Background: Reactive oxygen species (ROS) are often associated with persistent pains such as neuropathic and inflammatory pain. Hydrogen gas can reduce ROS and alleviate cerebral, myocardial, and hepatic ischemia/reperfusion injuries. In the present study, we aim to investigate whether hydrogen-rich saline can reduce neuropathic pain in a rat model of chronic constriction injury (CCI).
Methods: Thirty SD rats were randomly divided into three groups: sham group was administered sodium chloride by intrathecal injection (n=10); control groups underwent CCI surgery and were administered sodium chloride by intrathecal injection (n=10); vehicle group underwent CCI surgery and was administered hydrogen-rich saline by intrathecal injection (n=10). Drugs were administered in the dose of 100 ul/kg once a day at 0.5 hours before and 1-7 day after CCI surgery. The mechanical thresholds were tested at one day before and 3-14 day after CCI surgery.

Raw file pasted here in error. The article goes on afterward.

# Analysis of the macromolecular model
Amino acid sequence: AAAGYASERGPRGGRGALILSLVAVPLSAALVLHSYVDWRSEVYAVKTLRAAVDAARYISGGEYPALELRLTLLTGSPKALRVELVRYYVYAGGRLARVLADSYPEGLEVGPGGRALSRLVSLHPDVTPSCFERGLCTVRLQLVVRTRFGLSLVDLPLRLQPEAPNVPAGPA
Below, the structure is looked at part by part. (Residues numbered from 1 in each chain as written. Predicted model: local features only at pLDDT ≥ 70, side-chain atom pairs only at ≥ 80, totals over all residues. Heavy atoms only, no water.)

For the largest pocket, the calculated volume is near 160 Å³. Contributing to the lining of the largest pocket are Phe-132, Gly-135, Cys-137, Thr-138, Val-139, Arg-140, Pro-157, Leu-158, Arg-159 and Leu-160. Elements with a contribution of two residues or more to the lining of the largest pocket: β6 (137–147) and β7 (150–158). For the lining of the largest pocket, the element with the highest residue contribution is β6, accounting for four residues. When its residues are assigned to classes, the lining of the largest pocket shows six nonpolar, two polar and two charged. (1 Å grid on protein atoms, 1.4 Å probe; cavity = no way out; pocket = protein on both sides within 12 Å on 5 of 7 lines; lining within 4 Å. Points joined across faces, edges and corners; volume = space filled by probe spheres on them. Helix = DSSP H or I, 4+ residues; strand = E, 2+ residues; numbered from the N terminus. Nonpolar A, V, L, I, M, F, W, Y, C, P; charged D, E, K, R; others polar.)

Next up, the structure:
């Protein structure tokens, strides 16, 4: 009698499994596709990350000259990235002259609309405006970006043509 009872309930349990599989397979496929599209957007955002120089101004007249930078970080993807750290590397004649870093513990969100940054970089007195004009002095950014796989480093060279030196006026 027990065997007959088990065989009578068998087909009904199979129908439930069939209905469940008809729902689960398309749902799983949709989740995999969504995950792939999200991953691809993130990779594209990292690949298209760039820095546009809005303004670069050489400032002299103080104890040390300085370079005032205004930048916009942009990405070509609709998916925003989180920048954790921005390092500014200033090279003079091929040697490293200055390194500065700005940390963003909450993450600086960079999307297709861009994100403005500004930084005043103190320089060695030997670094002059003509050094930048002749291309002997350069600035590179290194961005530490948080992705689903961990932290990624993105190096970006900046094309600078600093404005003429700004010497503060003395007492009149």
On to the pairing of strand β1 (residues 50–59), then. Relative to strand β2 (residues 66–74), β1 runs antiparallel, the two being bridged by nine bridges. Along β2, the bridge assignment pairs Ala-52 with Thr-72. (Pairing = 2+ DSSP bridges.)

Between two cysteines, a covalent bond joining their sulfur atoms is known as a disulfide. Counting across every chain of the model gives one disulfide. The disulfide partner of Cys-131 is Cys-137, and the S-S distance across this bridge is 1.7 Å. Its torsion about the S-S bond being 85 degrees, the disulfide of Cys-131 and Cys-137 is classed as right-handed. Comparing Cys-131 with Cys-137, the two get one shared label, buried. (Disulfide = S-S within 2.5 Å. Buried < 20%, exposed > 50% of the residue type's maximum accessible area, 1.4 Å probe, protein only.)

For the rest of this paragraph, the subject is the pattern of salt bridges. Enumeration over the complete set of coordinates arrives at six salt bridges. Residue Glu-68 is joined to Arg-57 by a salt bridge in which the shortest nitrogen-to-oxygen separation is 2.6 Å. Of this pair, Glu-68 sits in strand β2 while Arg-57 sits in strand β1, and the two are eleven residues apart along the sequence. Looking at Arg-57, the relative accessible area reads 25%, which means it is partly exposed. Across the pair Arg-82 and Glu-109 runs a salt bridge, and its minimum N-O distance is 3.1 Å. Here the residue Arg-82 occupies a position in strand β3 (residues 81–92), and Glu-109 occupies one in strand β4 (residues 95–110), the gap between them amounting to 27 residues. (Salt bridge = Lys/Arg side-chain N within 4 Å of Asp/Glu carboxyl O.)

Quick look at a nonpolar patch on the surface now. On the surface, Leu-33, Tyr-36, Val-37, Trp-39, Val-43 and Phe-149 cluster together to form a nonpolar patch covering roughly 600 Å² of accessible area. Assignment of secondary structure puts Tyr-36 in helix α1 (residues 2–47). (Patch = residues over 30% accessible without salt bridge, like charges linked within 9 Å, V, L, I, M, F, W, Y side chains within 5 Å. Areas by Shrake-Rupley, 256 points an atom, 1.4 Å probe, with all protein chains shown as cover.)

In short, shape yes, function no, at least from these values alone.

Results: We found that hydrogen-rich saline significantly elevated the mechanical thresholds of neuropathic pain compared to vehicle (physiologic saline) control in CCI rats (p<0.05); it also decreased the levels of myeloperoxidase, maleic dialdehyde, and protein carbonyl in spinal cord by 7 days post-chronic constriction injury(p<0.05). In addition, hydrogen-rich saline also suppressed the expression of p38-mitogen-activated protein kinase (p38MAPK) and brain-derived neurotrophic factor (BDNF) in the spinal cord by 7 days post-chronic constriction injury (p<0.01, p<0.01, respectively), but had no effect on P2X4R (p>0.05), an ATP receptor.
Conclusion: Intrathecal injection of hydrogen-rich saline can decrease oxidative stress and the expression of p38MAPK and BDNF that may contribute to the elevated threshold of neuropathic pain in rat CCI model.
Le salin riche en hydrogène atténue la douleur névropathique en réduisant le stress oxydatif.